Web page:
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Publication numberUS268632 A
Publication typeGrant
Publication dateDec 5, 1882
Filing dateJul 21, 1882
Publication numberUS 268632 A, US 268632A, US-A-268632, US268632 A, US268632A
InventorsElijah H. Danforth
Export CitationBiBTeX, EndNote, RefMan
External Links: USPTO, USPTO Assignment, Espacenet
Suture-clamp
US 268632 A
Abstract  available in
Images(1)
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Claims  available in
Description  (OCR text may contain errors)

(NoModeL) l E.'-H."ID-ANFORTH.

' sUTUBE-GLAMP. v No. 268,632 Patented Dec. 5', 1882.

fifayzdaea a u PETERS, PhomUth mP Wahmgton. n. c.

To all whom it may concern UNITED STATES PATENT Drrrce.

ELIJAH H. DANFORTH, OF JAMESTOWN, NEW YORK.

SUTURE-CLAM P.

SPECIFICATION forming part of Letters Patent -No. 268,632, dated December 5, 1882.

Application filed July 21, 1882. (No model.)

Be it known that I, ELIJAH H. DANFORTH, of Jamestown, in the county of Chautauqua and State of New York. have invented certain new and useful Improvements in Surgical Instruments for Cleft Palaies and I do hereby declare that the following is a full, clear, and

. exact description thereof, which will enable others skilled in the art to which it appertains to make and use the same, reference being bad to the accompanying drawings, which form a part of this specification.

The object ofmy invention is to make an efficient surgical clamp for drawing together and holdinga cleft palate; anditconsistsin aclamp or double needle, which will be fully understood by the following specification and accompanying drawings, in which- Figure 1 shows the invention as applied.. Fig. 2 shows socket-needle section. Fig. 3 shows ratchet-needle section. Fig. 4. shows invention in perspective. Fig. 5 shows a modification. Figs. 2, 3, 4, and 5 are enlarged views.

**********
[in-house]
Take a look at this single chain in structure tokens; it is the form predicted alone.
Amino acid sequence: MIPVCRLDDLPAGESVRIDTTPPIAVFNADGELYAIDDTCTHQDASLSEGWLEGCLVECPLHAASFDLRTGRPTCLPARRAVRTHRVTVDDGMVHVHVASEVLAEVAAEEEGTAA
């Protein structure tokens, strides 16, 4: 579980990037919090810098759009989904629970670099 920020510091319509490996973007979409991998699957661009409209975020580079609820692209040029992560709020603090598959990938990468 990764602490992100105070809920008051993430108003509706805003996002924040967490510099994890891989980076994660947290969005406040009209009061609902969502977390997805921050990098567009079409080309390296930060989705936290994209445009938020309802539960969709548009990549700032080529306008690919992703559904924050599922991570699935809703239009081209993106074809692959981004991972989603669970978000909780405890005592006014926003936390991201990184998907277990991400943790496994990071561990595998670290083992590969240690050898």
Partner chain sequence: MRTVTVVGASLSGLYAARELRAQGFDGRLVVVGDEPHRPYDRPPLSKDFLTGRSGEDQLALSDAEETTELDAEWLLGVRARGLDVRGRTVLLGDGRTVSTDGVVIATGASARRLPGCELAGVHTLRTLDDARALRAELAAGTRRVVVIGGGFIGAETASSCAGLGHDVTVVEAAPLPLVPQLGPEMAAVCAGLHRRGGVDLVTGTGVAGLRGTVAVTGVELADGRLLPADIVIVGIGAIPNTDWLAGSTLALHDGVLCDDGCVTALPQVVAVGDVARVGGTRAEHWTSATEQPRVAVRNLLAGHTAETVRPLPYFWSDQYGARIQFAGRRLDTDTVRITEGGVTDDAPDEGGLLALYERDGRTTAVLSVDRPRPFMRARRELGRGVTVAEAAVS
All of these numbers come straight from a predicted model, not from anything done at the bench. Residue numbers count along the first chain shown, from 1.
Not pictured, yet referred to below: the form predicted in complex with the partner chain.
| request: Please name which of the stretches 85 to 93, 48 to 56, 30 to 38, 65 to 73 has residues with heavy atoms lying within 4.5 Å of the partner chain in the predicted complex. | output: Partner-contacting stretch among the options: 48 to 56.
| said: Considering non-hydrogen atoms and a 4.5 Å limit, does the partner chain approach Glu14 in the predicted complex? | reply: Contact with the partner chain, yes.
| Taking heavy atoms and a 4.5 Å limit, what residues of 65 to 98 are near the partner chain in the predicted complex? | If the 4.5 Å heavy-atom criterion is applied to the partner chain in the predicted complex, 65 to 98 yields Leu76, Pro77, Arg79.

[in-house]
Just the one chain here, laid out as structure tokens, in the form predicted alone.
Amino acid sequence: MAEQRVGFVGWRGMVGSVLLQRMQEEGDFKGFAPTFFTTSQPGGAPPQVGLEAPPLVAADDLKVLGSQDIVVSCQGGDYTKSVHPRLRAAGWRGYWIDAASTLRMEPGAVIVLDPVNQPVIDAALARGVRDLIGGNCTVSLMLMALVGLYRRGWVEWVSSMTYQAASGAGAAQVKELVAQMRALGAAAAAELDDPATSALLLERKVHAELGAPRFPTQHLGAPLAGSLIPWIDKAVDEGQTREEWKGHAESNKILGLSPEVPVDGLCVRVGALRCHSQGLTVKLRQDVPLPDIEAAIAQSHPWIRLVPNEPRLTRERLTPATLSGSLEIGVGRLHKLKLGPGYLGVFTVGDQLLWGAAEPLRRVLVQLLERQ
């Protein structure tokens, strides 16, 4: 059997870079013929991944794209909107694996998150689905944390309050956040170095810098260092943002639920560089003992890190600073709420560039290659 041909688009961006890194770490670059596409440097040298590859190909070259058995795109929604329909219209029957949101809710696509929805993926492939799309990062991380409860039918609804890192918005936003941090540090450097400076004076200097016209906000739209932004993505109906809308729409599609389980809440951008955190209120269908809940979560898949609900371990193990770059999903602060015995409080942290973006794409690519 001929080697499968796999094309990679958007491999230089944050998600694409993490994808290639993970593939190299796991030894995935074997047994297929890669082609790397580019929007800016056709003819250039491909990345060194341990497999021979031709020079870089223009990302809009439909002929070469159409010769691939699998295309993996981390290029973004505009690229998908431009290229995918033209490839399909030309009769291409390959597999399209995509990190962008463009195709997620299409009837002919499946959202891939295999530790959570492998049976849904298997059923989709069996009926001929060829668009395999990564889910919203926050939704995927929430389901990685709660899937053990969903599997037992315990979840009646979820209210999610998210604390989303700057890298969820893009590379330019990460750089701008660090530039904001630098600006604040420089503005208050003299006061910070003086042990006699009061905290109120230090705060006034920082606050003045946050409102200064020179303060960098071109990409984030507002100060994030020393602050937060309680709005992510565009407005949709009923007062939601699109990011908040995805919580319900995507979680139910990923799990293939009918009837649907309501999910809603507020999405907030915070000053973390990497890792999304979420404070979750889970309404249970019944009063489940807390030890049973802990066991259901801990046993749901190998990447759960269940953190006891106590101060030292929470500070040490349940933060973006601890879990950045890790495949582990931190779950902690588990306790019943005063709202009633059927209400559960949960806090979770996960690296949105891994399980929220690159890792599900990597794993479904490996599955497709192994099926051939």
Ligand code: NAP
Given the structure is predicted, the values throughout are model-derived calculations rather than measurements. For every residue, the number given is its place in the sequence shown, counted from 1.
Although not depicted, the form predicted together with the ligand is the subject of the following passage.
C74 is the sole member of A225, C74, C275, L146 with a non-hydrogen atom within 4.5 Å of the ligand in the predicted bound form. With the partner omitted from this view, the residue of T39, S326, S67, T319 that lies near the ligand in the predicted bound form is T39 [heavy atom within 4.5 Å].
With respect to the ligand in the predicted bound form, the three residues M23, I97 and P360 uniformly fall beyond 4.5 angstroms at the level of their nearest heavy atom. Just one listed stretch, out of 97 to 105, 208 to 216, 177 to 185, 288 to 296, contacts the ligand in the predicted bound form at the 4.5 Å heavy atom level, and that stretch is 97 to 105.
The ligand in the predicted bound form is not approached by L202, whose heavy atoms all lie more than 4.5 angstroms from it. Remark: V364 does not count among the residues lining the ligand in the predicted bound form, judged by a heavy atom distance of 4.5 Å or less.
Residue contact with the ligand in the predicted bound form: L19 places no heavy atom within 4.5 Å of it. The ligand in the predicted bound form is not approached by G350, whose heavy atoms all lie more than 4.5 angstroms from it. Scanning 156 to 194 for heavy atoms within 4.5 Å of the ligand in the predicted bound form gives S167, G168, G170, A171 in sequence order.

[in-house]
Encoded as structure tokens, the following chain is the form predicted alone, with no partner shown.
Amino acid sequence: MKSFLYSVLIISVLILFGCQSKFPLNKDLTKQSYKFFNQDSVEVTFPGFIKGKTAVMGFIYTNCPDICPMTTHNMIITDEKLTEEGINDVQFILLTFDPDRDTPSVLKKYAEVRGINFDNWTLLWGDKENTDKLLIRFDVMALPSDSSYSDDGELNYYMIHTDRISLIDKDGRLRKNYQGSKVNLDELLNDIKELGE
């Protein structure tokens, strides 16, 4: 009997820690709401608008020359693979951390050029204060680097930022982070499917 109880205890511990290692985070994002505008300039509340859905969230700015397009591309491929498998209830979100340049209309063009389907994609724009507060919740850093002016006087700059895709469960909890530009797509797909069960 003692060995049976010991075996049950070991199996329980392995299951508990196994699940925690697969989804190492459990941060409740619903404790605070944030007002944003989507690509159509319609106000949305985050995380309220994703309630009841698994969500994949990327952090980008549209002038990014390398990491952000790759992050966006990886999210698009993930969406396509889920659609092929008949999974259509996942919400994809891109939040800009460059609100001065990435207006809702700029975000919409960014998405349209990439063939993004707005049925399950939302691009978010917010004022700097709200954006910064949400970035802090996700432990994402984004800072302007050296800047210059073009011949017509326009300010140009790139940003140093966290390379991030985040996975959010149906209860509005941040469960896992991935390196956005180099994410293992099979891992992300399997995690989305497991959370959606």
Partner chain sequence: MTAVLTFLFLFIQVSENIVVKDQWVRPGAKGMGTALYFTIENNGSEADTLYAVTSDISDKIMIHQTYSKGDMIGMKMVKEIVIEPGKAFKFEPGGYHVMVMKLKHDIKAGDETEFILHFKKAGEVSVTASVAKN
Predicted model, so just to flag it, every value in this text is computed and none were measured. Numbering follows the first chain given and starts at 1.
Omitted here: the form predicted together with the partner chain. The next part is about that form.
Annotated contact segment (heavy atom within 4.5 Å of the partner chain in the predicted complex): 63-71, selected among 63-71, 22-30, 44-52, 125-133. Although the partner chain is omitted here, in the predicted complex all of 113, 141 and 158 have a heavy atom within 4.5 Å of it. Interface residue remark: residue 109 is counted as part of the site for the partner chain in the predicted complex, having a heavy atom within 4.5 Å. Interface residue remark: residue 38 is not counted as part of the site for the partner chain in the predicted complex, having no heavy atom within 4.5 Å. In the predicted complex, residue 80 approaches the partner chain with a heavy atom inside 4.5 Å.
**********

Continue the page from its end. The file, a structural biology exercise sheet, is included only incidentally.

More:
. Heretofore in attempting to close or unite a cleft palate the two sides or parts have been drawn together by means of one or more bent needles being put through from one part to the other, and then winding a silver thread around and across the needle in form of the figure 8 but this methodis found objectionable,

because there is no way to increase or diminish the tension or draw of the instrument, and the parts get strangled, and then there is no hope of uniting them. To overcome this objection, and toinsure a speedy and permanent cure, I make what I term a needle-clamp, which consists of the parts as shown in Figs. 2 and 3. Fig. 2 shows the socket-needle, which I generally make of silver, and the socket b may be of any desired form to receive theratchet-needle, Fig. 3. The socket b has secured to it a spring-pawl, d, the end of which is bent so as to drop into the ratchet 0 when the parts are put-together, as shown in Fig. 4,.and

the parts held at any desired point. I gener-' ally make the clamp as shown in Fig. 4, but

I do not confine myself rigidly to this form; but

the clamp must he in two parts and have a ratchet and spring-pawl or its equivalent for holding the parts at any desired distance.

In the practical operation of the instrument I run one needle-point a into one side and the other needle-point a into the other side of the parts to be closed, and then bring the needles together, letting the ratchet part pass into the socket, as shown in Figs. 1 and 4., and the end of the spring cl falling into the ratchet, the

parts may be drawn together and held as desired. The edges to be grown together are cut, so that by holding them together they readilyheal. Several of these clamps have to be used in order to hold the parts, and the needles can be adjusted so as to draw the parts gradually together, and if at any time found too tight can readily be loosened, and every part favored to make a speedy and permanent cure.